Natural Language Processing to align national plans in Serbia with Global Goals

BY Karla Robin Hershey, Dennis Schleppi, Vuk Batanović | October 17, 2018|Comments 0

The Republic of Serbia is on a mission to map the work that is underway to implement the 17 Sustainable Development Goals (SDGs). As a first step, the UN Country Team in Serbia reviewed the compliance of the country’s policy framework with the 169 targets and 230 indicators of the 17 SDGs and assessed the country’s readiness to proceed with their implementation. The fact that Serbia is a candidate country for the accession to the EU, the Republic of Serbia called for a special review of the compliance and complementarities between 35 EU accession negotiation chapters that are implemented through a series of ongoing reform processes and linkages to Agenda 2030.

We conducted a real time comprehensive analysis in late 2017 to early 2018 using UNDP’s developed methodology called RIA – Rapid Integrated Assessment (RIA)The objective of the assessment tool is to support countries in mainstreaming the SDGs into national and subnational planning, by helping assess their readiness for SDG implementation.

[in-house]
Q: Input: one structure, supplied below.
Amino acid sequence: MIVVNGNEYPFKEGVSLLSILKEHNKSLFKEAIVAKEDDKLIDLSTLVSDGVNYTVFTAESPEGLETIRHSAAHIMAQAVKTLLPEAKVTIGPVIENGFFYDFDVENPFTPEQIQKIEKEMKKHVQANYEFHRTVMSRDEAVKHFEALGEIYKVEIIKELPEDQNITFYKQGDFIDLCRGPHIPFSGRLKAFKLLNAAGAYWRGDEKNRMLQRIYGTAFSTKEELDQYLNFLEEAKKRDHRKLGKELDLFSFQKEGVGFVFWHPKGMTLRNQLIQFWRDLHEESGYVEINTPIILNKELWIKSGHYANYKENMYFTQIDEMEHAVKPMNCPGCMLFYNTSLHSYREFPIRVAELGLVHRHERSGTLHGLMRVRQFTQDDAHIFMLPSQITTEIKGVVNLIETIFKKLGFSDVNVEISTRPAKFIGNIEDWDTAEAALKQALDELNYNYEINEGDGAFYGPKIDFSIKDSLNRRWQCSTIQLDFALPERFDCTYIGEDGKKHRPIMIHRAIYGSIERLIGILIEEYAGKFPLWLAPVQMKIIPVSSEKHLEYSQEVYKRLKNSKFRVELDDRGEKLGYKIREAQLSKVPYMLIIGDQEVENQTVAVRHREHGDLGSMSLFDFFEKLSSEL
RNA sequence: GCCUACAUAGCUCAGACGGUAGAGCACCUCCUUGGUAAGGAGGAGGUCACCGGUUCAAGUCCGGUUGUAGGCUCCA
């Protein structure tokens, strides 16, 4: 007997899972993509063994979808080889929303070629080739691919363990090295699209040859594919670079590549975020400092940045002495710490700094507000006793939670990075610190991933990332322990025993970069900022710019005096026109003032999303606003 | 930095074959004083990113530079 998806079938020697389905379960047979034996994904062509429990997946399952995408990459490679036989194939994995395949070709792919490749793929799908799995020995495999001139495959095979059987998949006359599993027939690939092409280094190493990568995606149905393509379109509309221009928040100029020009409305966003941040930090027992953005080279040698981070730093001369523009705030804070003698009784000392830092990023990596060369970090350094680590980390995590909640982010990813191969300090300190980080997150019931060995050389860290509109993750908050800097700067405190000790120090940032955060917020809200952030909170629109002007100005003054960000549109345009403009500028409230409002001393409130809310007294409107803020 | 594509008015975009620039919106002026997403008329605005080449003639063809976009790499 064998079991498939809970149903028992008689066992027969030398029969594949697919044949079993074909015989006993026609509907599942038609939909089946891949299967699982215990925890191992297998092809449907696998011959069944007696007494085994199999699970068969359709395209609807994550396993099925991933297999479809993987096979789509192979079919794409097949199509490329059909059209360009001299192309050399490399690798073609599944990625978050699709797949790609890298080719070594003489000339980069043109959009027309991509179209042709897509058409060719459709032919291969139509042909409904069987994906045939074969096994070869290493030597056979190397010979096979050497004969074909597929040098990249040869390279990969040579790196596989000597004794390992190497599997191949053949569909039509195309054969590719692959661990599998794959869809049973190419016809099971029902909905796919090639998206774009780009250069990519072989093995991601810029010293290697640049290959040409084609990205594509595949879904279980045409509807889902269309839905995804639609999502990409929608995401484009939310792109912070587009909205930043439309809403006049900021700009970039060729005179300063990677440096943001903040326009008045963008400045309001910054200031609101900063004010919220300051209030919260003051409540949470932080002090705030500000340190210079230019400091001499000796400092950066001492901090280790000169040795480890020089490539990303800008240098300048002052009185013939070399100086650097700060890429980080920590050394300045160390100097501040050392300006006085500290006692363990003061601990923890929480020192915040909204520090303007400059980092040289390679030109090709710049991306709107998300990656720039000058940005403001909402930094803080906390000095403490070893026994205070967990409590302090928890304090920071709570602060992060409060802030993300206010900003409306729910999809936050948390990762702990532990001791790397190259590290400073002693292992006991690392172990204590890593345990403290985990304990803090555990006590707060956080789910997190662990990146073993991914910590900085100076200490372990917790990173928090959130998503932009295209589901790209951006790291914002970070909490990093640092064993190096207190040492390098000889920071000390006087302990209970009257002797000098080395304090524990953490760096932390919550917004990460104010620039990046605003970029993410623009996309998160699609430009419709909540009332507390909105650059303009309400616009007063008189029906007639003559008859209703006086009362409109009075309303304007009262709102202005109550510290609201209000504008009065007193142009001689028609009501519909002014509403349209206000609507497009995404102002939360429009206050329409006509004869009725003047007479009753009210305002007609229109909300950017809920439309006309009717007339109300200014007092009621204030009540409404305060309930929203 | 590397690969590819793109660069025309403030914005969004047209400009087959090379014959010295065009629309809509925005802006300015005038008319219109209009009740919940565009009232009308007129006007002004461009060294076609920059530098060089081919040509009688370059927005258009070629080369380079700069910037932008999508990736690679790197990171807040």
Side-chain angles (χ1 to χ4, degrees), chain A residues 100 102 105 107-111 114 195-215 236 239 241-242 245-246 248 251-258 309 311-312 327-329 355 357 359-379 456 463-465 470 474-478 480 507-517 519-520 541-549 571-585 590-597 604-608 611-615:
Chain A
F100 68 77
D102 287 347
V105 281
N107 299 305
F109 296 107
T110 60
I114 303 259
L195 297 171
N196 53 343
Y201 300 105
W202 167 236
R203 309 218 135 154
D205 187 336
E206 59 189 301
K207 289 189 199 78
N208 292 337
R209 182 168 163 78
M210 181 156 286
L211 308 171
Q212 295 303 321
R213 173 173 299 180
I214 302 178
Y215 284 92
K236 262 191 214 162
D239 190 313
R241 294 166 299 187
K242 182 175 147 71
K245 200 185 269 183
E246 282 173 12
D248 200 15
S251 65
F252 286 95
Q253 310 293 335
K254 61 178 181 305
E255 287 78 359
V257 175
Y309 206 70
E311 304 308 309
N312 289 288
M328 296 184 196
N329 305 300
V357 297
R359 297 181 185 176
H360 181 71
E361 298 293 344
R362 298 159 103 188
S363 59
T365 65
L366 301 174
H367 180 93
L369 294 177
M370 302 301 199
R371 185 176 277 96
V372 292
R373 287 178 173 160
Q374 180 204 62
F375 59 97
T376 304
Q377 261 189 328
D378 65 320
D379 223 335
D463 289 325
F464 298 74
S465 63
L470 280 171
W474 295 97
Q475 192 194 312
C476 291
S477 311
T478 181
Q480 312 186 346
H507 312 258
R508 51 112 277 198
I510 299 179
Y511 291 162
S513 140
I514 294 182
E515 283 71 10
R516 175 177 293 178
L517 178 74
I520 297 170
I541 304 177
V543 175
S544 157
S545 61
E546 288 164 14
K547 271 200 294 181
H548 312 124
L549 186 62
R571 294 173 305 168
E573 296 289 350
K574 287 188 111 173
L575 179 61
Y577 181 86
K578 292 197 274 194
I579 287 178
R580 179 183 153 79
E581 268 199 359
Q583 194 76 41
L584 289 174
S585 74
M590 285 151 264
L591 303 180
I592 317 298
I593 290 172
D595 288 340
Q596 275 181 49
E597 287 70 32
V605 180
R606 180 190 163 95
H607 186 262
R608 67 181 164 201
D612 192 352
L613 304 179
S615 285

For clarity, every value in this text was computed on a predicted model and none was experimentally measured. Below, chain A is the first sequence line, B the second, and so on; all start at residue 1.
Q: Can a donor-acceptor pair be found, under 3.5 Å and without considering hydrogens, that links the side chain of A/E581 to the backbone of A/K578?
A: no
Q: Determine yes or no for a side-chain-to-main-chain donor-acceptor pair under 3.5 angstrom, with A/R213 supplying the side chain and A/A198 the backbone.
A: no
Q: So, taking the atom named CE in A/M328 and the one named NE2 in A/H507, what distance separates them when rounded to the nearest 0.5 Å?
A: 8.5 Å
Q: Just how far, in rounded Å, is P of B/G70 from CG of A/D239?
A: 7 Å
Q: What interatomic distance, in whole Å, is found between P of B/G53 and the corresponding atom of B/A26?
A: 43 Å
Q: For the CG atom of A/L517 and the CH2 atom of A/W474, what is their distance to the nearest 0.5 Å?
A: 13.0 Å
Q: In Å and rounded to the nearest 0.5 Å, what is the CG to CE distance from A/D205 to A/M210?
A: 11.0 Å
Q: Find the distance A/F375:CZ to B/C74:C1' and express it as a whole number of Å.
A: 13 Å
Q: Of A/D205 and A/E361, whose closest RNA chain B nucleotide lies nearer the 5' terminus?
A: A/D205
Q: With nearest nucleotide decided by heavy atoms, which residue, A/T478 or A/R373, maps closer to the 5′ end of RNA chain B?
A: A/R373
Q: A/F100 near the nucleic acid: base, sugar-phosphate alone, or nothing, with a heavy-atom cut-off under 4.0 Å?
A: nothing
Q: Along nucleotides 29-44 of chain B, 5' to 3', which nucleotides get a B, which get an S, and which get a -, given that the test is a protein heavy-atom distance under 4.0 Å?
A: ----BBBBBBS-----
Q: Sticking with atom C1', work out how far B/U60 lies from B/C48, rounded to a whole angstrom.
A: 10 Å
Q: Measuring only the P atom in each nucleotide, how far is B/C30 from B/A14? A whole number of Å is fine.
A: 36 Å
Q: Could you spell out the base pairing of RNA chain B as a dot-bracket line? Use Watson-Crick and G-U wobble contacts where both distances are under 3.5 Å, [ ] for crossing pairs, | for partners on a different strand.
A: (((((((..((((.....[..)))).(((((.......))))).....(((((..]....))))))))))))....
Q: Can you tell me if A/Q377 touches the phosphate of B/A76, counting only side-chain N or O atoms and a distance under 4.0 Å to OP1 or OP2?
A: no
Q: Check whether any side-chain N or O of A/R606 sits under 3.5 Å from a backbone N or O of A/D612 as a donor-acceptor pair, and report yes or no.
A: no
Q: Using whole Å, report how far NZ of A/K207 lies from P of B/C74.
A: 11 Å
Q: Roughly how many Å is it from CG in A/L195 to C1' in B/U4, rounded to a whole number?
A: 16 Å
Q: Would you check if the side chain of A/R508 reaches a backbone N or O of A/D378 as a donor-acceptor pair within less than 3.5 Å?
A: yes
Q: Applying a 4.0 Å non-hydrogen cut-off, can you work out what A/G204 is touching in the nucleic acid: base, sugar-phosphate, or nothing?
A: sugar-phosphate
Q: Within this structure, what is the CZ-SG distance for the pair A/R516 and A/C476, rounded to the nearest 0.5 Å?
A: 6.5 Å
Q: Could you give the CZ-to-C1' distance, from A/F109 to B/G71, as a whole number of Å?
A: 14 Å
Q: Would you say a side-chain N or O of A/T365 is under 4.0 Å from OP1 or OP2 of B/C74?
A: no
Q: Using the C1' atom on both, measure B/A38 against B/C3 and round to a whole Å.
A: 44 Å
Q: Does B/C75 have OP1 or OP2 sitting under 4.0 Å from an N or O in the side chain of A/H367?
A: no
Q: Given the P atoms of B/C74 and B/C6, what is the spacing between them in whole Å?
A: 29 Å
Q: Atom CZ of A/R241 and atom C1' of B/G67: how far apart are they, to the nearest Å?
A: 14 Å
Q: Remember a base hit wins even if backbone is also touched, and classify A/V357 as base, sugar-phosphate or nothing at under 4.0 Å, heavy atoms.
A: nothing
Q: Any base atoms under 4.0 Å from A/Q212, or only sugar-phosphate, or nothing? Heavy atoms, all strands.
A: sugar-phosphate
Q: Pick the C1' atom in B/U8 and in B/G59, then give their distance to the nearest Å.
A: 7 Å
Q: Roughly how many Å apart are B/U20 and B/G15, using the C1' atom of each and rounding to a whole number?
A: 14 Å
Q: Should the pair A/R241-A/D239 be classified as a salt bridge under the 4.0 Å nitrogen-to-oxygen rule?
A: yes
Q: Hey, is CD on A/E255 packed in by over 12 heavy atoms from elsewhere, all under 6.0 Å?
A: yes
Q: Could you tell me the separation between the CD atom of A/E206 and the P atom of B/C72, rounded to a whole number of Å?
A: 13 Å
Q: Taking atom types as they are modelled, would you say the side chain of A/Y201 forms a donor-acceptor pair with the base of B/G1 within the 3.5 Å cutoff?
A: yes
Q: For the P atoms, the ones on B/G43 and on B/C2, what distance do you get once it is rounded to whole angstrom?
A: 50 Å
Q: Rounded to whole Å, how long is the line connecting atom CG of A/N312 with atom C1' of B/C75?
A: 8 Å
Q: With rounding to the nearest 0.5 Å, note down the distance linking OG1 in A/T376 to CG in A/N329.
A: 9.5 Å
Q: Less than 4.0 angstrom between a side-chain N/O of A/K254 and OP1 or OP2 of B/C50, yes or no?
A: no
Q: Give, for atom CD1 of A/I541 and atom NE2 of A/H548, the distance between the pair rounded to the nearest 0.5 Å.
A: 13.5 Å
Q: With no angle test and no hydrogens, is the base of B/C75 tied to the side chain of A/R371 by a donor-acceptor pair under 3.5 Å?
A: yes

We engaged a dozen of national experts who successfully reviewed over 100 of national policy documents, including those setting the targets relevant for the EU accession. Most of the documents were in Serbian, with a few available in English. The exercise outlined those areas that are well covered with the existing policy instruments, identifies areas where more attention is needed by policy makers, detects bottlenecks and accelerators and reviews institutional capacities in place to implement the SDGs.

Scaling up and gaining efficiency with artificial intelligence